A second pilot field trial was conducted with spores that were 'mass' produced by Dr. Jarrod Leland (USDA-ARS) and shipped to Gainesville, FL in a dry state in vacuum-sealed plastic bags. Ifr AsCP was grown in a liquid culture for 3 d, and 50 mL of inoculum was added to 1 kg of barley along with 400 mL of sterile water. The barley was kept in a low-oxygen bag at 60% RH, with the bag manipulated daily to prevent clumping. Spores were harvested after 10 d and stored at 2-4[degrees]C until the trial was conducted. The day before the spray was applied, the dry Ifr AsCP spores were suspended in autoclaved deionized water and vortexed for 1 min. The suspension was then filtered through a double layer of autoclaved Miracloth (Calbiochem, EMD Biosciences, Inc. La Jolla, CA) and spores were counted with a hemocytometer. The spore suspension (concentrated) was stored overnight at 4[degrees]C in sterile 50-mL conical centrifuge tubes and transported to field in an ice chest containing ice packs. The spore suspension was diluted to 1 x [10.sup.7] spores/mL with autoclaved deionized water in the field just before spraying.
The 3-y-old block of trees sprayed in this pilot field trial was located at the Florida Citrus Foundation research grove, in Orange County, near Winter Garden, Florida and consisted of a Minneola cross (LB89), planted 3.8 m apart in the row with rows 6.1 m apart. The 20 trees were ca. 1.2-1.5 m tall, and the 2 treatments were randomly chosen by coin toss. Trees initially contained flush less than 4 cm long with eggs and small psyllid nymphs. Ten trees were treated first with 500 mL of autoclaved deionized water and then 10 trees were treated with 500 mL of 1 x [10.sup.7] spores/mL/tree with a battery-operated sprayer (Scorpion sprayer, AgSouth, LLC, Union City, TN).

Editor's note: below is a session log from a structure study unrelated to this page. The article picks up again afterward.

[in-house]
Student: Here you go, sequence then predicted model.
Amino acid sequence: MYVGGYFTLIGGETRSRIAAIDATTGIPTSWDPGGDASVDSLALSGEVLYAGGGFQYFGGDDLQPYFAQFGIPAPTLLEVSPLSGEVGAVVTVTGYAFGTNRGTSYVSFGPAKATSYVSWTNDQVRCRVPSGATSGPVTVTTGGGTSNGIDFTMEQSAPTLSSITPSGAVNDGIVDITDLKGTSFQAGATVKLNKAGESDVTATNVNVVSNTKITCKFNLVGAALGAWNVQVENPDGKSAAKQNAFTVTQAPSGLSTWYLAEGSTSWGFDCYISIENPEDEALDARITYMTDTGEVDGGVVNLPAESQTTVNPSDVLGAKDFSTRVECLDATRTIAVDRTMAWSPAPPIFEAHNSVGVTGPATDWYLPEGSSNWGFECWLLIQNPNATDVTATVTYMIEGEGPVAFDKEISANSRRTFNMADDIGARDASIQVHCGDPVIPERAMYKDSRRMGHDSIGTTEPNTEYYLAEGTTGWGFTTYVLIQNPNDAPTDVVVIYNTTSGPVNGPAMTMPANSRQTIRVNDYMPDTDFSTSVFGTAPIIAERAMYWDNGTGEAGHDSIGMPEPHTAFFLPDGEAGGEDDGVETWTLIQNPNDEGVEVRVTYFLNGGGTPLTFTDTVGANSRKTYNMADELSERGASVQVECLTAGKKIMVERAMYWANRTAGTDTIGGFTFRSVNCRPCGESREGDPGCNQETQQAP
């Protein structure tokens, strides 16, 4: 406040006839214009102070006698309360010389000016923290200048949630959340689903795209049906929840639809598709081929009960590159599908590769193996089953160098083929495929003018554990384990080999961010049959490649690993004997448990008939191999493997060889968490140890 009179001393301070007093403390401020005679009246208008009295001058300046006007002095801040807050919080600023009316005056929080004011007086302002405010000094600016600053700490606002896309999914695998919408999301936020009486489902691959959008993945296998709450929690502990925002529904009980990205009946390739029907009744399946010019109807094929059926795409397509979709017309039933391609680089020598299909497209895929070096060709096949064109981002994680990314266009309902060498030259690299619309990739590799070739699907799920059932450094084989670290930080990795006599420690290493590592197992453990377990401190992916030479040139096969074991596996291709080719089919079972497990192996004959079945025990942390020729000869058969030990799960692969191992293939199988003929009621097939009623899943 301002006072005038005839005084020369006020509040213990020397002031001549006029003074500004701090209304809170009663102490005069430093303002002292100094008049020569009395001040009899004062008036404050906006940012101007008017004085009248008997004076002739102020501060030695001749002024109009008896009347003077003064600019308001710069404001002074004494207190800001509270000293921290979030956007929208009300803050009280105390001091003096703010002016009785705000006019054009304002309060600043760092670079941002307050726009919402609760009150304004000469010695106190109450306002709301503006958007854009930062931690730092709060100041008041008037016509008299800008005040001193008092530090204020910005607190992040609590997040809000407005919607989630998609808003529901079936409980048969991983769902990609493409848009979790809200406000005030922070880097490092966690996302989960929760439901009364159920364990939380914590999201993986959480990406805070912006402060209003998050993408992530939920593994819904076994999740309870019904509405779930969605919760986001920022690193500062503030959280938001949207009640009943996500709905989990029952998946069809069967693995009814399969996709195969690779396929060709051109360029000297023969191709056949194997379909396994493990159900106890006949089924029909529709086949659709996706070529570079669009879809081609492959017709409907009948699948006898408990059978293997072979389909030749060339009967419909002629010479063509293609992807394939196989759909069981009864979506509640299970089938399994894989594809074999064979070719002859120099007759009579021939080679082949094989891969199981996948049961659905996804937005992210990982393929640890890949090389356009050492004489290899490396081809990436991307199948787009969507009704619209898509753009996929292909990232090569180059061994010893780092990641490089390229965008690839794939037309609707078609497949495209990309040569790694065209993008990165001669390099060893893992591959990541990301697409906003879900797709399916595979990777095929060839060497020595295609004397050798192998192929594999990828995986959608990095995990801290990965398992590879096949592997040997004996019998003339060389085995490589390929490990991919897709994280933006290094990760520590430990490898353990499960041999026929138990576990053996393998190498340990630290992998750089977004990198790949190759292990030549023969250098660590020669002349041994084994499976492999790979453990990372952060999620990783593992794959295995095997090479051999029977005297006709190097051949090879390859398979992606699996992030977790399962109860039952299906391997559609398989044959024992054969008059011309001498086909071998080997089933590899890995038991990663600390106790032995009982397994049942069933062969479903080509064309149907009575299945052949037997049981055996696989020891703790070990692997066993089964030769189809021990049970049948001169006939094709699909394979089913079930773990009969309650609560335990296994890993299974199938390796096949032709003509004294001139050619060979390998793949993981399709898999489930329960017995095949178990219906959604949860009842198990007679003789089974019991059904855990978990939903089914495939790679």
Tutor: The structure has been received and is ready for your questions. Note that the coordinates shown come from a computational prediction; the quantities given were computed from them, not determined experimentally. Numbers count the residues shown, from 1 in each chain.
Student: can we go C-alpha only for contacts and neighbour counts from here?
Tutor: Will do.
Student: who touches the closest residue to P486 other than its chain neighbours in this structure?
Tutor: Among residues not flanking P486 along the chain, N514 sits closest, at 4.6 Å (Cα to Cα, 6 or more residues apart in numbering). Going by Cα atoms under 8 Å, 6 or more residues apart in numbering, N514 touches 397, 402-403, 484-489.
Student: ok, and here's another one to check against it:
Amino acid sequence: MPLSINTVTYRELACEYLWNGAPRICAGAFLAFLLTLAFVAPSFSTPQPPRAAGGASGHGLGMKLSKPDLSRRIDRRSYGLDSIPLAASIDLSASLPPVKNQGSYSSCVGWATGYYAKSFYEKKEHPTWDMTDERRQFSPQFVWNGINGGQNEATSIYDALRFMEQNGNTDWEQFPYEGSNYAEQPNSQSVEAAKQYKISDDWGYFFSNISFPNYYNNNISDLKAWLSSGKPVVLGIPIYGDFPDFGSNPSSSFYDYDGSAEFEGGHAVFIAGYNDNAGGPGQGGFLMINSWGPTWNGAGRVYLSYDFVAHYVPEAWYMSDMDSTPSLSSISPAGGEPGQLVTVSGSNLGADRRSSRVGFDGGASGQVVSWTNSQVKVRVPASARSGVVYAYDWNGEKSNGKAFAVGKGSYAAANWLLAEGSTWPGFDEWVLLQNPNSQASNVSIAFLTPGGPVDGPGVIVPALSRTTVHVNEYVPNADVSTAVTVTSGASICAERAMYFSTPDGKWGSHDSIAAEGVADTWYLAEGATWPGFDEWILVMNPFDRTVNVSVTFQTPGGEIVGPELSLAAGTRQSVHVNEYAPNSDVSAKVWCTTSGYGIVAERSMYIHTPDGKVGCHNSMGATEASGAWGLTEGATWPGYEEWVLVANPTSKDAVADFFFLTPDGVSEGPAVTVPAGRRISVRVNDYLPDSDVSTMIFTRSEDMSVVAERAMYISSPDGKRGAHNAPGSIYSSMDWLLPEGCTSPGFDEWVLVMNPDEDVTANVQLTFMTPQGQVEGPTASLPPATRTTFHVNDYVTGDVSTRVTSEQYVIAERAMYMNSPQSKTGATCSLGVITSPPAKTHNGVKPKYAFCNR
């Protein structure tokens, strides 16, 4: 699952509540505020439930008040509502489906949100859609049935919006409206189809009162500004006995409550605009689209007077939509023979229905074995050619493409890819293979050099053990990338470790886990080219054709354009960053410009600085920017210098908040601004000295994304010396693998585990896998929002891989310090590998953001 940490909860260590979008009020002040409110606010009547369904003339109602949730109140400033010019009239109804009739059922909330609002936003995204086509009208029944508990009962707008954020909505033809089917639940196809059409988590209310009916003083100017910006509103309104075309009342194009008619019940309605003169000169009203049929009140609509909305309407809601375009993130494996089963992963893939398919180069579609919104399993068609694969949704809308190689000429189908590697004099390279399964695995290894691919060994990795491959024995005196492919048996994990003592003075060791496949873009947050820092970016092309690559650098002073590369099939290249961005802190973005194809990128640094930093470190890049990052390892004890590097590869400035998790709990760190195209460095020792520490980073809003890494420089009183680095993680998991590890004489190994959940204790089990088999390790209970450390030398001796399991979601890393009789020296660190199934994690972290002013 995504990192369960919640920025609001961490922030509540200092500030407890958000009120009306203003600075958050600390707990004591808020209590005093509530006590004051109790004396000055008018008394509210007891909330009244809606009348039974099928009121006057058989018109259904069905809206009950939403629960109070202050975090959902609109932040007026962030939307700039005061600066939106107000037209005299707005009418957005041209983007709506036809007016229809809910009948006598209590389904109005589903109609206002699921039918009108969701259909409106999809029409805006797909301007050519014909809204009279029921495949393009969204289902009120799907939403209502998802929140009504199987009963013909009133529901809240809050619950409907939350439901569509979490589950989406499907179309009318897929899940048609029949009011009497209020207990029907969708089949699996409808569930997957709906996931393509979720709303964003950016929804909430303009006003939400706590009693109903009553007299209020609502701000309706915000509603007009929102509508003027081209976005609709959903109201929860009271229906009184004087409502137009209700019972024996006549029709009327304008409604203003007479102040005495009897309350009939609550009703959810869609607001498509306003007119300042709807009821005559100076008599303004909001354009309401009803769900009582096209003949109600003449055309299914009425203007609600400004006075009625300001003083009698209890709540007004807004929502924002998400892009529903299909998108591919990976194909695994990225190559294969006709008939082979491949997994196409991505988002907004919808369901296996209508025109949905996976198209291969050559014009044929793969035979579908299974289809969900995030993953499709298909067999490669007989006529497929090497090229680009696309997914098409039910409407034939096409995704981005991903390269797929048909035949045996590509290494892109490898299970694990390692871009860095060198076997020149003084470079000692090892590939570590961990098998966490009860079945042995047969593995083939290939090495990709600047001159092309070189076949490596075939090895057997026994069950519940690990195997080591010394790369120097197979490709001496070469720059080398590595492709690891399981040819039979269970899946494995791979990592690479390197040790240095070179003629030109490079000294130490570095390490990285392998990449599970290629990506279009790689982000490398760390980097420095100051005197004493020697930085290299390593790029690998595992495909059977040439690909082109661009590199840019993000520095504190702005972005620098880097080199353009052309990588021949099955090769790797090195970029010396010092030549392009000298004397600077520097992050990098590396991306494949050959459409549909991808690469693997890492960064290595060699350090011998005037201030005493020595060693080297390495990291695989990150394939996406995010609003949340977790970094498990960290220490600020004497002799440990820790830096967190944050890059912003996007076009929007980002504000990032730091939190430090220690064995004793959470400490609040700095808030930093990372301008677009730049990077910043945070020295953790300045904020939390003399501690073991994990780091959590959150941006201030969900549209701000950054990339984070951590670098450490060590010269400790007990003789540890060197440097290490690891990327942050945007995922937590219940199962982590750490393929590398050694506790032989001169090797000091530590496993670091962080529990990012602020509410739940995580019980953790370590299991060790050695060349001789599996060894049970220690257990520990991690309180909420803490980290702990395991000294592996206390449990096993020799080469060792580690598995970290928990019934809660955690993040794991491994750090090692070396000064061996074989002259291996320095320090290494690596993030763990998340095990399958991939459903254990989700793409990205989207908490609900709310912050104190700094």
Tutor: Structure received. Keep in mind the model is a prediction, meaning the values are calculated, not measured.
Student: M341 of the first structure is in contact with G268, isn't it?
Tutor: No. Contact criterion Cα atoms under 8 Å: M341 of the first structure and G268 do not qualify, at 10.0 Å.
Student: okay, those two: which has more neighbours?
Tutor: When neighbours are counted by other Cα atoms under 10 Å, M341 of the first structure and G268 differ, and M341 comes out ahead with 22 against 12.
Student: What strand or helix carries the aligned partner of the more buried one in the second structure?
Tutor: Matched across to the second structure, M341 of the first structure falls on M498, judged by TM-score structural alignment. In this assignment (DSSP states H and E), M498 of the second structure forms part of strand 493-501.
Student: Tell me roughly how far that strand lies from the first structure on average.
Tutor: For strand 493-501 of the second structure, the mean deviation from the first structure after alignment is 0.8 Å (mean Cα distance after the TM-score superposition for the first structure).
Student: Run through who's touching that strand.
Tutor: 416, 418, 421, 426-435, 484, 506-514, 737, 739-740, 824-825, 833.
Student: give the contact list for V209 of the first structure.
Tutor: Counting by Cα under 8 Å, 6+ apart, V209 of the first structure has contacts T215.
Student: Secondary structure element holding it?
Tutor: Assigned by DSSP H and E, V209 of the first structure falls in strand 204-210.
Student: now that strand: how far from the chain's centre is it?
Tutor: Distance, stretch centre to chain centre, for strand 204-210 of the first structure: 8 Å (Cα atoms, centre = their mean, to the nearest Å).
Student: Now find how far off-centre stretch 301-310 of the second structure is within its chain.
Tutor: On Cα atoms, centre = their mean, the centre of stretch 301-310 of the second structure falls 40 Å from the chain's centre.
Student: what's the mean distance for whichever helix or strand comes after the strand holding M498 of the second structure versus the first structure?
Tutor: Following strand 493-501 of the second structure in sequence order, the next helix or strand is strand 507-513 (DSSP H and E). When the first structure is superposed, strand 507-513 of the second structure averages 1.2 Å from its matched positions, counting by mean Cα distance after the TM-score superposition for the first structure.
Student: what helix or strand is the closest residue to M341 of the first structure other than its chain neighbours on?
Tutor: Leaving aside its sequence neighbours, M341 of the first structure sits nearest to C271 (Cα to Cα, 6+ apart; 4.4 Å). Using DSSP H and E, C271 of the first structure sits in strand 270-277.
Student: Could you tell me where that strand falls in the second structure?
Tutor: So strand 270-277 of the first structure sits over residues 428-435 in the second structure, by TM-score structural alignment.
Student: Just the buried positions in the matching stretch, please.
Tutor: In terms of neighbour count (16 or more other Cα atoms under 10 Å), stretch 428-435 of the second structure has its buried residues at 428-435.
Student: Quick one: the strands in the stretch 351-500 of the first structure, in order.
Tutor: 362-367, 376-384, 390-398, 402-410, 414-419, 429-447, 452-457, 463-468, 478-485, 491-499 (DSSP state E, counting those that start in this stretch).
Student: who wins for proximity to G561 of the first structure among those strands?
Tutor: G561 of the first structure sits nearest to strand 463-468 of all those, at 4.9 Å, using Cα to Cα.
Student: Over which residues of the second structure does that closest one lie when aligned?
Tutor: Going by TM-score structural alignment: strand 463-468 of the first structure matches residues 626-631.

Sampling and analysis of field samples was conducted as described above, except that each shoot was placed into a separate zip-lock plastic bag (Great Value Zip Close bags 17.8 x 20.3 cm, Walmart Stores Inc., Bentonville, AR) with the goal of maintaining higher RH and preventing loss of psyllid nymphs from the bag. In addition, three dead nymphs per shoot or per bag that appeared to be infected with fungus were placed on a petri dish (6.0 x 1.5 cm, Fisher's Scientific, Suwannee, GA) containing SDY media and the identity of the fungus was subsequently confirmed by the polymerase chain reaction (PCR) (Meyer 2007; Meyer et al. 2008). Foliage samples were collected for 4 weeks after the sprays and scored as described above. Data were analyzed by ANOVA and means were separated with Fisher's least significant difference (LSD) at 5% level of significance. Weather data were obtained from the weather station on the site and mean daily temperature, RH, and rainfall were obtained.